At times, in India, I thought to myself, “It’s difficult to believe a Buddha could have ever walked here.” Other times, I thought, “Of course this is where a Buddha appeared.” The first thing I read, when I opened my India travel guide was that even experienced travelers can become overwhelmed at times. I mentally thanked them for the advice and forged on through the pages. There were so many places to read about; Varanasi, the Taj Mahal, Darjeeling… But there were four lesser known places that I read about over and over; Sarnath, Bodh Gaya, Kushinagar, and a side trip to Lumbini, in Nepal. I saved these four places for the end of my trip. After several weeks of mixing awe with meltdowns in India, they were all places that I could escape in for long enough to catch a deep breath before diving back into the muddle. Although these sights do get visited, they are mostly aside from the major tourist destinations and manage to hold their decency. In the places associated with the Buddha, you are more likely to put your palms together and exchange a short bow with a monk than to hold your palm over your money belt to check that it’s still in place and have a long exchange of prices with a peddler.
The first of the places that I visited was Sarnath, where Buddha taught his first sermon. From Varanasi, it was a bumpy, dusty, but short auto rickshaw ride. I don’t know what direction, exactly, that the Buddha entered Sarnath from, but I imagine it being a somewhat different place; perhaps a few more trees and little less dust, a few more deer and perhaps none of the fences holding them in… As history relates, it was not long after he attained enlightenment in Bodh Gaya that the Buddha made his way there. He and his companions went their separate ways when they had disagreed with Sidhartha’s choice to start eating again. He was realizing the middle way, but to his peers he must have seemed like an imbecile. When they met again in the deer park, they immediately noticed a difference in him and were ready to listen. He spoke of the middle path, avoiding extremes. He taught the Four Noble Truths and the Noble Eight Fold Path. My understanding of the Nobles Truths is not deep enough to say much about it, but a basic explanation of them is simple. In the first two truths he explains suffering, the different ways that we suffer and the origins of our suffering. It is our suffering, our craving, that keeps us in the cycle of birth and death, coming back again and again. Next, though, he tells us that suffering can be ceased, we can turn the wheel in the other direction. The way to do this is by following the Noble Eightfold Path. I was told that if you truly understand the Eightfold Path, not just intellectually, but with true understanding, then you are enlightened. I’m still somewhere between the first and second, to get a glance at the third!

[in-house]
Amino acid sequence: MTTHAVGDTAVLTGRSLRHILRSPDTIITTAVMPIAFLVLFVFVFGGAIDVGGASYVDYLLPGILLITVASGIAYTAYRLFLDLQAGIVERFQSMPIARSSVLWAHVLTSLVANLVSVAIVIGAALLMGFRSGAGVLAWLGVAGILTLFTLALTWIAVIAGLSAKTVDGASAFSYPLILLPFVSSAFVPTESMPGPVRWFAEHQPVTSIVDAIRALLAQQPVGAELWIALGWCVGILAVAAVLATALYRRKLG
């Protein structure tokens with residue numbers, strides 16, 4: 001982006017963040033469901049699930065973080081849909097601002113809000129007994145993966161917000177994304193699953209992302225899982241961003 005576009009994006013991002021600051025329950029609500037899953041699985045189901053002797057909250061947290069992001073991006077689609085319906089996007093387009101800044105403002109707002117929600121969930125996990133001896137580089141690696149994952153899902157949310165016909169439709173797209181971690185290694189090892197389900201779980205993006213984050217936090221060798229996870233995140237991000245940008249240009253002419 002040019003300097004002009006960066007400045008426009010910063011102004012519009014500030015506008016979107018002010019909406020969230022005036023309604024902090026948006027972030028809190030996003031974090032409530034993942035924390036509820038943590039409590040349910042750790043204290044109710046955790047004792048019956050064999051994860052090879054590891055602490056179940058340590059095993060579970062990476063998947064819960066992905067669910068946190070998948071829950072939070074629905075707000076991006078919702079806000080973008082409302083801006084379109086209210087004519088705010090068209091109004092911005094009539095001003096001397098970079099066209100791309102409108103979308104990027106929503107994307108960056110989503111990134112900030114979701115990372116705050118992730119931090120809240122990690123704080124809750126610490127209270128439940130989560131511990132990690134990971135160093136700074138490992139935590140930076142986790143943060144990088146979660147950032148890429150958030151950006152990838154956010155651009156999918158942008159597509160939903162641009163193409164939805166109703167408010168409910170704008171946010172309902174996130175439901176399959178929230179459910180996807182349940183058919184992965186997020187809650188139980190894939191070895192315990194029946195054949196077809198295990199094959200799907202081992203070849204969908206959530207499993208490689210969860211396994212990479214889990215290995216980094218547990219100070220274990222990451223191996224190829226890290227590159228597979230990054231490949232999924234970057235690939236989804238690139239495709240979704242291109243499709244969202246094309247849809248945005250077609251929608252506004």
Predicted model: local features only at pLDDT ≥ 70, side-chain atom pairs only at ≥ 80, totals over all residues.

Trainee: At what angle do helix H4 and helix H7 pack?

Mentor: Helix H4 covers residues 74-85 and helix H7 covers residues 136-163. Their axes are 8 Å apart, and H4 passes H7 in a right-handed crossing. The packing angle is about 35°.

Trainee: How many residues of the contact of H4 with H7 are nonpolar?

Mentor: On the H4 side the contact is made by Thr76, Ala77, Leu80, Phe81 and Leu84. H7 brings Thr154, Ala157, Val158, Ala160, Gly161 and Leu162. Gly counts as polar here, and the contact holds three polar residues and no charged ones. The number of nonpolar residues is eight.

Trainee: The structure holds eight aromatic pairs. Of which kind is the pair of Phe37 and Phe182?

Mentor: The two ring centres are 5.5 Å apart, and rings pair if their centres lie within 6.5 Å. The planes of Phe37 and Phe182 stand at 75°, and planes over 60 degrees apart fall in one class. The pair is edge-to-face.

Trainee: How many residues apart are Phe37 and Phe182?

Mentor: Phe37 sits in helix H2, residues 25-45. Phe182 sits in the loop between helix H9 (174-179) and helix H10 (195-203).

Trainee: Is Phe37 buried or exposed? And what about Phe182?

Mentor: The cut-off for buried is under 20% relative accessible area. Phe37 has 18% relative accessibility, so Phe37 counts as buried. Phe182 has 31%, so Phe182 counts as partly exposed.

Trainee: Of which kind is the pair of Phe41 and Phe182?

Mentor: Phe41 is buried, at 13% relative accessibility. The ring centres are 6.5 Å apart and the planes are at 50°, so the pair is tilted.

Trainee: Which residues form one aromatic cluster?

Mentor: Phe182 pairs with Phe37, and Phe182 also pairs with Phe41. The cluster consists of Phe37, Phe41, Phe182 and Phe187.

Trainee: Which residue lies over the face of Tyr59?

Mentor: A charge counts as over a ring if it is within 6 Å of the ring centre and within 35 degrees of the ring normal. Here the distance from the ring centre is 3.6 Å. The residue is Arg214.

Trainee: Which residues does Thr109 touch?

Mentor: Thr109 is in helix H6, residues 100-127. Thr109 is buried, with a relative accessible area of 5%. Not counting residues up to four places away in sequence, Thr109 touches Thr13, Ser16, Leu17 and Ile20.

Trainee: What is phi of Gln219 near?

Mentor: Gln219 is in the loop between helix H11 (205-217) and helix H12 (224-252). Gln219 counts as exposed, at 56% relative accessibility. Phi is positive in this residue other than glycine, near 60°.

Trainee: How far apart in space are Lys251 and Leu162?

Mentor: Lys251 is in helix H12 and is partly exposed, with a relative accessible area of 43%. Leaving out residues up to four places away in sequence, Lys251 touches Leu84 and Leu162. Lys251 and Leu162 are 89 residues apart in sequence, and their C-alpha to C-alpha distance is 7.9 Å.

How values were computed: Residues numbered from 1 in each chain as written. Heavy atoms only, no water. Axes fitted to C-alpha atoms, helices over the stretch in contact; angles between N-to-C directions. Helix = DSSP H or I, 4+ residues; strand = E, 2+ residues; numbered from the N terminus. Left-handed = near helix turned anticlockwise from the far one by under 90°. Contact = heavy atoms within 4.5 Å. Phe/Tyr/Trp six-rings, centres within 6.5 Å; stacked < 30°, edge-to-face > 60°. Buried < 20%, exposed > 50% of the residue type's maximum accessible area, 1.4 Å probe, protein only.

Of the four pilgrimage sites I visited, Sarnath was, honesty, the least inspiring. Most of the place was destroyed about 800 years ago. The one, giant stupa that remains intact is impressive and the surrounding ruins are a pleasant spot to join the local for a picnic. The zoo that’s been built-in the back did little more for me than prove the first of the Nobles Truths, and the “deer park” is a small island of earth sounded with concrete. An old woman was there to sell you a small bunch of carrots to toss down at the deer. A few small deer stood below, licking their chops. The others lay beneath a tree, away from the noon heat.
I sat on a spot in the grass and gazed at the 44m Dhamek Stupa. A few monks, nuns, and laymen did prostrations on the lawn beside me. Whatever energy that remained there from over two and a half millennia was subtle beyond my perception. I enjoyed that moment for what it was, though. I remember the warm wind as it eased the Indian sun that saturated my face. I remember the smells that it carried with it in occasional whiffs of curry and dust, along with the sounds of the swishing leaves of the Bodhi Tree. I saw a glint of what I’d come to India for. I’d finally stopped being a tourist and began my trip as a pilgrim. I gathered myself, headed back to Varanasi, and booked a seat on the bus to Nepal the next morning.